Owners of rotting homes take fix-up deal

May 24, 2013
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Owners of Jamaica Plain Neighborhood Development Corporation (JPNDC)-constructed homes on the Back of the Hill that were considering legal action against the developers have decided to take the JPNDC’s offer of repairs.

Homeowner Sergio Morales told the Gazette that the homeowners have decided to accept the JPNDC’s offer to replace the substandard wood trim instead of suing the developers. The JPNDC has secured $250,000 for the purpose.

“We’re obviously pleased,” JPNDC Executive Director Richard Thal told the Gazette. “We’re working with people to try and resolve the situation as best and as amicably as we can.”

“The JPNDC has agreed to pay” to replace the wood trim, Morales, owner of 171 Heath St., told the Gazette. “That’s going to be the end of it.”

Thal said he hopes to have the work finished by June. He added that most of the homeowners have already signed up for the work.

The 24-unit Back of the Hill Community Housing Initiative Phase III affordable homes were built in 2003 and 2004 along Heath, Lawn and Wensley streets by the JPNDC and the Back of the Hill (BOTH) Community Development Corporation (CDC).

Twelve Phase III owners are facing leaky roofs and rotting external wood trim as well as heating issues, drafty windows and poorly-installed kitchen counters, homeowners told the Gazette. The issues began within a year of the houses’ construction and have gotten worse, homeowner Corrinne Kelton previously told the Gazette.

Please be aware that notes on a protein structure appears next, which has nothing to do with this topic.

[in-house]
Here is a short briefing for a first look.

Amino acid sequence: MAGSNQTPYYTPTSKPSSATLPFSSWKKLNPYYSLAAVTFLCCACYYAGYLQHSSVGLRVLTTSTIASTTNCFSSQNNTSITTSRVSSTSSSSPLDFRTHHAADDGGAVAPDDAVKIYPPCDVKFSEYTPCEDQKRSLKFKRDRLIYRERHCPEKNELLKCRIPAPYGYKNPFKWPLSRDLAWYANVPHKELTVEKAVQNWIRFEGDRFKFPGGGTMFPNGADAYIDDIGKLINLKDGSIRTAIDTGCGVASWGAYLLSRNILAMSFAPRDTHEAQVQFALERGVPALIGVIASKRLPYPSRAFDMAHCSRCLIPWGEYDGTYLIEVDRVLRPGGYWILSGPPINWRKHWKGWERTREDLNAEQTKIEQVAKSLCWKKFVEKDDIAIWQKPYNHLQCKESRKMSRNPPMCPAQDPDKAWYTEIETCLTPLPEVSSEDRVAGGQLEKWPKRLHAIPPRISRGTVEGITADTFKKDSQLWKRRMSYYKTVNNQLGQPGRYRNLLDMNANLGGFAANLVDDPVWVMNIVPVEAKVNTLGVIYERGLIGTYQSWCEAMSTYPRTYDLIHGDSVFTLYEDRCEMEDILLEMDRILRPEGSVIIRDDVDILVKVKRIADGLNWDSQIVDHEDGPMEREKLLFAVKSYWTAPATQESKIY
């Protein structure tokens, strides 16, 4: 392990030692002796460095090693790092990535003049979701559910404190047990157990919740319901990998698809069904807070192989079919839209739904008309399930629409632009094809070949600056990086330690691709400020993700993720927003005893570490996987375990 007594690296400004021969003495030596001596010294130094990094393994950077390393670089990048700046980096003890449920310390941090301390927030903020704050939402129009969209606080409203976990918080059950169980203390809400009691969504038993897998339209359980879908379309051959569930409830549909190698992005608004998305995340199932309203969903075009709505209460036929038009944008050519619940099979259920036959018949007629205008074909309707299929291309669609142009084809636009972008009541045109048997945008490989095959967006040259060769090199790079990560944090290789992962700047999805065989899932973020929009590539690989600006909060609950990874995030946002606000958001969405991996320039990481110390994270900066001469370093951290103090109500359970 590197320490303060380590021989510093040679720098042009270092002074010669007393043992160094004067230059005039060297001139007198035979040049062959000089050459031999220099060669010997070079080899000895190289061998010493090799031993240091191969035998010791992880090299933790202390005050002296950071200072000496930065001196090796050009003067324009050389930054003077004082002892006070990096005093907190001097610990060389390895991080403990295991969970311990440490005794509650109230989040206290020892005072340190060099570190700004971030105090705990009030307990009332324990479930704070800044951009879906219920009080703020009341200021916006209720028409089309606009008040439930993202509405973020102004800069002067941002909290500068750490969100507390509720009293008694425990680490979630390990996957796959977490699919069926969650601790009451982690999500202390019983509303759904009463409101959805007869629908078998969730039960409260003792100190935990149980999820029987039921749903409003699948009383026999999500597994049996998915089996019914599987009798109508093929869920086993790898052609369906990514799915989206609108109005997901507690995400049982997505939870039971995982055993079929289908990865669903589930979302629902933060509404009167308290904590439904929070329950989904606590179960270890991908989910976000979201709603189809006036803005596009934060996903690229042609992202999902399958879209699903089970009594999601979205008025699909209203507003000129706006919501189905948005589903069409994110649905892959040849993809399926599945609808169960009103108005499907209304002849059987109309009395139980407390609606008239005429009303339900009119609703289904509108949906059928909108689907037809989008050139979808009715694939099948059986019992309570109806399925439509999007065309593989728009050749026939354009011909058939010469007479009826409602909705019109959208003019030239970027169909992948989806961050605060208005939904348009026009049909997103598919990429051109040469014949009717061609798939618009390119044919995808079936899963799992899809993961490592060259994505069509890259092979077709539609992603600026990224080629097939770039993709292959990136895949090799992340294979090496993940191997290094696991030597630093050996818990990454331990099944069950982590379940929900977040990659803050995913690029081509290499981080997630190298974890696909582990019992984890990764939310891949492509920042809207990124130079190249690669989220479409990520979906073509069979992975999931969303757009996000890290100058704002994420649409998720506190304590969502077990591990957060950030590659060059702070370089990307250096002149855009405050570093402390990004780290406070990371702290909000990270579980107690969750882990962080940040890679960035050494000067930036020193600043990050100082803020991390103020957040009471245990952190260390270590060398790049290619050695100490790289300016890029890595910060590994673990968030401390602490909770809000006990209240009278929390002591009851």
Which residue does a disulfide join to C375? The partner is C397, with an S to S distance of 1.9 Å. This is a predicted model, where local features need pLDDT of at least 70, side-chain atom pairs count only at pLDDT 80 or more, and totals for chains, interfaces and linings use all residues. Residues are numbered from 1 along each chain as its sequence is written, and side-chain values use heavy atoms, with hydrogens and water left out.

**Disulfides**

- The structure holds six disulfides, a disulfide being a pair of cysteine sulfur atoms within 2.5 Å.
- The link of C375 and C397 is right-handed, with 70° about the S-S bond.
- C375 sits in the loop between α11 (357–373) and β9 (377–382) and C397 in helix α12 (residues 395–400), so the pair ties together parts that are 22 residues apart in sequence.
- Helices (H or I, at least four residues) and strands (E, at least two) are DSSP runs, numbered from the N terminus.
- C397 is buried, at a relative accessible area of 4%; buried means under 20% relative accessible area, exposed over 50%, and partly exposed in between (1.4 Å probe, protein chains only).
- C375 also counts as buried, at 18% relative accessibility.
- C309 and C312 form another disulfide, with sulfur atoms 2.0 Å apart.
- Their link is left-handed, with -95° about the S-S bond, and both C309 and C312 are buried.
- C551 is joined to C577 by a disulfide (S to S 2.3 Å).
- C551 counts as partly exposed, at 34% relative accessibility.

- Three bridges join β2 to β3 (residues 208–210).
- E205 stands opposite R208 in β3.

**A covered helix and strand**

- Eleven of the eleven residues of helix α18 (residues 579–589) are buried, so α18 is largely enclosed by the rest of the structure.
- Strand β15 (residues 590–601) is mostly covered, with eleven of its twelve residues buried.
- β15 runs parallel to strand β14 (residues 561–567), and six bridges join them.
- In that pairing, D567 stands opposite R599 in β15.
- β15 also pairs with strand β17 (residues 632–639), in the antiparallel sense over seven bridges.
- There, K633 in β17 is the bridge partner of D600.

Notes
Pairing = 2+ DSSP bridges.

According to Morales, his roof was “misconstructed” from the beginning. He has called the roofers back for warranty-covered repairs, which he called a “Mickey Mouse job,” claiming that the roof still had leaks even after the repair work.

The wood trim used has now been recognized by the developers to be of a lower standard of quality than normally used. That has to do with the growing conditions of the pine trees, which resulted in a softer-than-usual wood that is prone to faster water damage.

On March 22 of this year, homeowners received a letter stating that the JPNDC had secured funding to replace the damaged external wood trim with new cedar trim.

However, if the homeowners accepted the offer, they would “release all the parties involved in the original development from any claims [the homeowners] may have related to conditions other than those that [the JPNDC] are able to offer to repair,” the letter states.